ODFW seek fines of $27.6 million for unlawful killing of Pacific Lamprey
State issues one of the largest claims of its kind
Kirk Blaine - firstname.lastname@example.org - 307- 299-7834
Douglas County, Oregon - On Friday, October 6, 2023, ODFW filed a complaint with the Douglas County Circuit Court seeking damages for the unlawful killing of fish during the Winchester Dam repair project this past August. ODFW claims at least 550,000 lamprey were killed due to the inadequate fish salvage that occurred during the draining of the reservoir pool.
The proposed claim is one of the largest of its kind for the taking of state fish and wildlife.
"The tragic fish kill that occurred during the Winchester Dam Repair project was totally preventable. I am happy ODFW is stepping up to hold Winchester Water Control District accountable for their total disregard for this social, cultural, and economically important state sensitive species,” Kirk Blaine, Southern Oregon Coordinator Native Fish Society. “It is our hope this brings light to the importance of Pacific Lamprey and the restoration of the species across the Pacific Northwest. Native Fish Society will continue to ensure this and other reported violations that affected the natural resources of the North Umpqua during the project are investigated and enforced to the fullest extent."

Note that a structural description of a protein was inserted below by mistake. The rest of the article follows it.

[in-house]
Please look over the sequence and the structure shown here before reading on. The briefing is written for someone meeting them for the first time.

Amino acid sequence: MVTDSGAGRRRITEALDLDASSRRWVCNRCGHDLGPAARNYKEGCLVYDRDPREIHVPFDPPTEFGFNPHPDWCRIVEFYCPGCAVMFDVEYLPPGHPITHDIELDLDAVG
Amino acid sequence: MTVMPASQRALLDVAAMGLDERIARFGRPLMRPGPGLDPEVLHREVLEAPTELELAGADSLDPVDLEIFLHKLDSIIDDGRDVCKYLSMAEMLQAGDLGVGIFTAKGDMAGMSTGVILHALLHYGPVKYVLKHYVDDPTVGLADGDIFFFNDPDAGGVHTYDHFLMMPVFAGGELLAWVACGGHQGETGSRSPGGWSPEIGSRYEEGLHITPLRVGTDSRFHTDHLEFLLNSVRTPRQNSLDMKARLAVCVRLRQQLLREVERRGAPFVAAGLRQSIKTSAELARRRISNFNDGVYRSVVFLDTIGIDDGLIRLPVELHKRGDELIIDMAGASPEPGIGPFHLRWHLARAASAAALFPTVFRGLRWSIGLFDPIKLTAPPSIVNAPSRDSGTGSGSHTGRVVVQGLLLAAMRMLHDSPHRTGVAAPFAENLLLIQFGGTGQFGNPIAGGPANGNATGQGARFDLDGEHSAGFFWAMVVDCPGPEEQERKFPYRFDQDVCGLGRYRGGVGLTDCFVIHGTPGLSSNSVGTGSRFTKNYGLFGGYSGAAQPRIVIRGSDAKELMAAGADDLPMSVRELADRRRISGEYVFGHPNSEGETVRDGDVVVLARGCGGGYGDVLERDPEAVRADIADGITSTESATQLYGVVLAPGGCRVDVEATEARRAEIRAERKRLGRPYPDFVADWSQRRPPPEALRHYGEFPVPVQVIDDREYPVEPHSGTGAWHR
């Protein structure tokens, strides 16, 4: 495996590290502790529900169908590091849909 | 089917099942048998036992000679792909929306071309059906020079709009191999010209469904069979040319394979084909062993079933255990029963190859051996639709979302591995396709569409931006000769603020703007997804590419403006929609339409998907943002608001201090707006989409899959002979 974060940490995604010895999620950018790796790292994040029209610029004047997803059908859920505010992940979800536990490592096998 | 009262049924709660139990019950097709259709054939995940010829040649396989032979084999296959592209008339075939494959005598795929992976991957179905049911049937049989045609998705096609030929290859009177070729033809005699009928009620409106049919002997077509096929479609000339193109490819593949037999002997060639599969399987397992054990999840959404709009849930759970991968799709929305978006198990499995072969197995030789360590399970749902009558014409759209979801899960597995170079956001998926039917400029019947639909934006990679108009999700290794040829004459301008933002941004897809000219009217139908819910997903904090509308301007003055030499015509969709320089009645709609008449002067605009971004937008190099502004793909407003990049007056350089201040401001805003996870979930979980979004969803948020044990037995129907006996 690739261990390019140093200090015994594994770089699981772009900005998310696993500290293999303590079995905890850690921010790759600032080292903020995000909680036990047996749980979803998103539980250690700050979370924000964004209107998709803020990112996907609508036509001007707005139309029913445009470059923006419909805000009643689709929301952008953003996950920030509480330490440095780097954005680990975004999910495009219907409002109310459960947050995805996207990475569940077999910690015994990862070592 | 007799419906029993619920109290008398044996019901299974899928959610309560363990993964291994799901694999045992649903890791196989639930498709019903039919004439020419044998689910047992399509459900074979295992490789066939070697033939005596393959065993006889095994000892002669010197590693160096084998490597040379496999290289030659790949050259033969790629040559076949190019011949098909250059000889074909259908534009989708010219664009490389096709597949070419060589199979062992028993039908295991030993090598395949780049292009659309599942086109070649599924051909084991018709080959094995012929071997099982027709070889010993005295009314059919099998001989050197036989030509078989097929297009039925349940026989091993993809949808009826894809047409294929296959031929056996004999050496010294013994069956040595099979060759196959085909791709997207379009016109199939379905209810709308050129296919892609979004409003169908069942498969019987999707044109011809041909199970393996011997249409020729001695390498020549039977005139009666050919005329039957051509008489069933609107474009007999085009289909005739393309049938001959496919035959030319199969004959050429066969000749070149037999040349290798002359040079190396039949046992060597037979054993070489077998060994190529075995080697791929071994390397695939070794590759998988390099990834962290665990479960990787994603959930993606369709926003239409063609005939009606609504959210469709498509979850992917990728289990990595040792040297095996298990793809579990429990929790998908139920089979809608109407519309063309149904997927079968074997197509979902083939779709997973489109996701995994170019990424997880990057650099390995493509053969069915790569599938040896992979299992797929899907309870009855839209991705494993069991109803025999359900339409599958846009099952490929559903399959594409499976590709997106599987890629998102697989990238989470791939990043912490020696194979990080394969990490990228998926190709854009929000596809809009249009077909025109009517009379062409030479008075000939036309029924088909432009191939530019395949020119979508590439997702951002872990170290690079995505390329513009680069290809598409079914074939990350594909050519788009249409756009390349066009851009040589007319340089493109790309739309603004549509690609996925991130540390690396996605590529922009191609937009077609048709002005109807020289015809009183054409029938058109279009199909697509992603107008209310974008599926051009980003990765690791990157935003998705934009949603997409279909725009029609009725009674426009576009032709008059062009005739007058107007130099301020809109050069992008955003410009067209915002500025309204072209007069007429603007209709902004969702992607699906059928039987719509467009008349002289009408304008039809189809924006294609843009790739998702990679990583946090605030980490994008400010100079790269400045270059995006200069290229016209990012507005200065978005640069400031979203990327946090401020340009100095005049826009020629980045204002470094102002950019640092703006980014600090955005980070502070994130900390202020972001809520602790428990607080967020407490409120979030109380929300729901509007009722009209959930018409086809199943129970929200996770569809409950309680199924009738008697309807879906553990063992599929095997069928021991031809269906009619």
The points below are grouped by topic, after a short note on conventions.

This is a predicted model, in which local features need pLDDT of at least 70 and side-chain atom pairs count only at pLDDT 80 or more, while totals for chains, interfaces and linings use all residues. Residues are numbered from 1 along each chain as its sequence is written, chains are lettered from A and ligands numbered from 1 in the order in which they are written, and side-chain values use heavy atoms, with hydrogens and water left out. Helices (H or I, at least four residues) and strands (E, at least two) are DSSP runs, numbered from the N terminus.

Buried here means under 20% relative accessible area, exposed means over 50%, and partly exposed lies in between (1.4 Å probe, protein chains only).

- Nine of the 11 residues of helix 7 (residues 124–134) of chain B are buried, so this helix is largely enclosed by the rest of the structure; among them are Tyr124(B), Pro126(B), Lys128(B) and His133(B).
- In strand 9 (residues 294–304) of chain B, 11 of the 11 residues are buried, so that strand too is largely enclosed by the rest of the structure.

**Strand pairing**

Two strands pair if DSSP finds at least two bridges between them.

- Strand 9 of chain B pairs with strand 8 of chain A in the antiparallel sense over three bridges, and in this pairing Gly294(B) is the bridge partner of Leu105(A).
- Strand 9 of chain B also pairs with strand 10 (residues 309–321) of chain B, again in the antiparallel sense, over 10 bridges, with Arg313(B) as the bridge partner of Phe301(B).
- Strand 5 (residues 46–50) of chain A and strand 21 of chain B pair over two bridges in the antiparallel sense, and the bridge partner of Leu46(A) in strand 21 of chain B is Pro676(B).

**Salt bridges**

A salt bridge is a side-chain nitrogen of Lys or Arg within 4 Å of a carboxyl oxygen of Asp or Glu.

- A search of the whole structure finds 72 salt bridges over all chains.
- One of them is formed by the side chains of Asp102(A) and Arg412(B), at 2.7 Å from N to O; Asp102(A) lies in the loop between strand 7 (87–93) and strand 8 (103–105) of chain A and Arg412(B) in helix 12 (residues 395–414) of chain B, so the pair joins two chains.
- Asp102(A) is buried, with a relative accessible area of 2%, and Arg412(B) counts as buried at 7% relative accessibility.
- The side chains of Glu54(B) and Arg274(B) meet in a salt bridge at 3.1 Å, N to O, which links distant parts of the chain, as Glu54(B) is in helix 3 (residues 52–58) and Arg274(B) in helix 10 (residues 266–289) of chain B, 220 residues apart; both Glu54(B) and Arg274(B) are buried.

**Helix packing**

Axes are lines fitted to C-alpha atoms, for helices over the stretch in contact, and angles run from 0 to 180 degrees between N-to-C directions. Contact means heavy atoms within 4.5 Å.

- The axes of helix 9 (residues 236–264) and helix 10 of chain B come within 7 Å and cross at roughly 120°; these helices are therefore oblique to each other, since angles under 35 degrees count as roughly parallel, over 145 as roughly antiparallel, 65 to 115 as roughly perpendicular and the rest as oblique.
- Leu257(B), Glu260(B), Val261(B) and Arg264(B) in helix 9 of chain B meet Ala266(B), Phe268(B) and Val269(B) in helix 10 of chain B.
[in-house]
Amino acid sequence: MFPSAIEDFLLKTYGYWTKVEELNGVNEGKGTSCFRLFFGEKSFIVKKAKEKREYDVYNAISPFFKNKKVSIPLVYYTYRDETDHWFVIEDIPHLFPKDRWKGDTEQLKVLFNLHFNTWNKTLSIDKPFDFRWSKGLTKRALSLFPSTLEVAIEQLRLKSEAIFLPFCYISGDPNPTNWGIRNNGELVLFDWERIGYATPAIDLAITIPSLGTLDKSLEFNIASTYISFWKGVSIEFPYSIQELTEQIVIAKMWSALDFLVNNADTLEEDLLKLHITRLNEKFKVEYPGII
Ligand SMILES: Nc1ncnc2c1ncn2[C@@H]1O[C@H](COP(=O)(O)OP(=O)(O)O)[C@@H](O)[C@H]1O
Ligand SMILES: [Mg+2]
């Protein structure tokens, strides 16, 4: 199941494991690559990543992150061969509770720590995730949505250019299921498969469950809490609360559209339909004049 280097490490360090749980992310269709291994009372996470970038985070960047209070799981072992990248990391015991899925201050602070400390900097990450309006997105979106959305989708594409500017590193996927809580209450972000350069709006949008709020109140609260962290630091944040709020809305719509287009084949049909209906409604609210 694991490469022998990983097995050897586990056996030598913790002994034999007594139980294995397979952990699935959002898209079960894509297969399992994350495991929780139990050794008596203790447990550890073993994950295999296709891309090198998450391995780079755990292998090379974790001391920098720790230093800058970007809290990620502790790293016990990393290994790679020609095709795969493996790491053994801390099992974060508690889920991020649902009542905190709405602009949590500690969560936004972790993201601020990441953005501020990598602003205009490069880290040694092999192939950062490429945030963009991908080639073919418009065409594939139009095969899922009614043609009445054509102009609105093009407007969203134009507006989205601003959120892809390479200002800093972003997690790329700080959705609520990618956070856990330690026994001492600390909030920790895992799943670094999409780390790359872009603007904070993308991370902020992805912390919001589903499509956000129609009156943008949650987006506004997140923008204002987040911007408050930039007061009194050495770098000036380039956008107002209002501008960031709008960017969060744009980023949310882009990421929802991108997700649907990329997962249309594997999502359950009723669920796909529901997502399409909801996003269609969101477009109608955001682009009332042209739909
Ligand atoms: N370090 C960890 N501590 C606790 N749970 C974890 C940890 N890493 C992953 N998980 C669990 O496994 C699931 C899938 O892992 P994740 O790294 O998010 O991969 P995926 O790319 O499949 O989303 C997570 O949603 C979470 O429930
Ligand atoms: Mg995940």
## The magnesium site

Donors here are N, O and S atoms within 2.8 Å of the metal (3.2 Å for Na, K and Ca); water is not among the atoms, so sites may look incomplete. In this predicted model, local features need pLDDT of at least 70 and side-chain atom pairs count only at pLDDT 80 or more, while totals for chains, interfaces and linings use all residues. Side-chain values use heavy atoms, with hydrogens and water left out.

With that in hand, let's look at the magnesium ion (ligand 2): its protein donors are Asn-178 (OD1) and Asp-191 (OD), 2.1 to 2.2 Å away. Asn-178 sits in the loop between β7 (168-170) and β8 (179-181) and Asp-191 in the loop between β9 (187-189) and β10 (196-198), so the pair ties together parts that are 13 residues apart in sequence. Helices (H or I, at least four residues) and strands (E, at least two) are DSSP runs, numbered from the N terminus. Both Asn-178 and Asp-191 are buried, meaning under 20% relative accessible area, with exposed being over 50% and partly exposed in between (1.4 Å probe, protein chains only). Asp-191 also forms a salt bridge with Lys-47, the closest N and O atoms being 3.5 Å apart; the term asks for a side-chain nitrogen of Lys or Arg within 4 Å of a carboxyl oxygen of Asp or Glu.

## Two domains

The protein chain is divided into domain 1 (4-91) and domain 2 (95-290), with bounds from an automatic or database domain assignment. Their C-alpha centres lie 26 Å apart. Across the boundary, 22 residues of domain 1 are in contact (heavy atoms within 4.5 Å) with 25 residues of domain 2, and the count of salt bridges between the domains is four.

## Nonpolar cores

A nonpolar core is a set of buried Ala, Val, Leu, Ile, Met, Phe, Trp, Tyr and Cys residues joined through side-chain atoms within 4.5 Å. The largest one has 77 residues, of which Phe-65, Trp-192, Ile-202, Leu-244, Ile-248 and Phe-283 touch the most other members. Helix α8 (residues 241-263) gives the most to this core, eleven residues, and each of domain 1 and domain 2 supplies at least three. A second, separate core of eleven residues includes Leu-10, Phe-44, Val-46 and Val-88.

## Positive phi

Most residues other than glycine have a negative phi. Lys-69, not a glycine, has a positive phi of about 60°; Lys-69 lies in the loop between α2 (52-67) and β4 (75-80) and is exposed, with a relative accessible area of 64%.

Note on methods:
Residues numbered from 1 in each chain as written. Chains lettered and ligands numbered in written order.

This is not the first time the owners have drained the reservoir pool killing hundreds of Pacific Lamprey. In 2013, Winchester Water Control District completed repairs by draining the pool in which agencies and tribes documented a similar fish kill. There were no fines or permits issued. Similarly, ODFW documented a fish kill during the 2018 repairs to the south side of the dam when Winchester Water Control District tried patching a hole by pouring green concrete into the river. Again, no fines were issued for the killing of fish; however, Oregon DEQ did enforce on the district polluting the waters of the state.
Native Fish Society will continue to ensure Winchester Water Control District follows the rule of law at Winchester Dam. It is clear, this dam will not be responsibly maintained or updated to help protect and conserve the future of the North Umpqua. Native Fish Society looks forward to restoring a free-flowing North Umpqua River to help benefit the fish, river and communities that depend on it.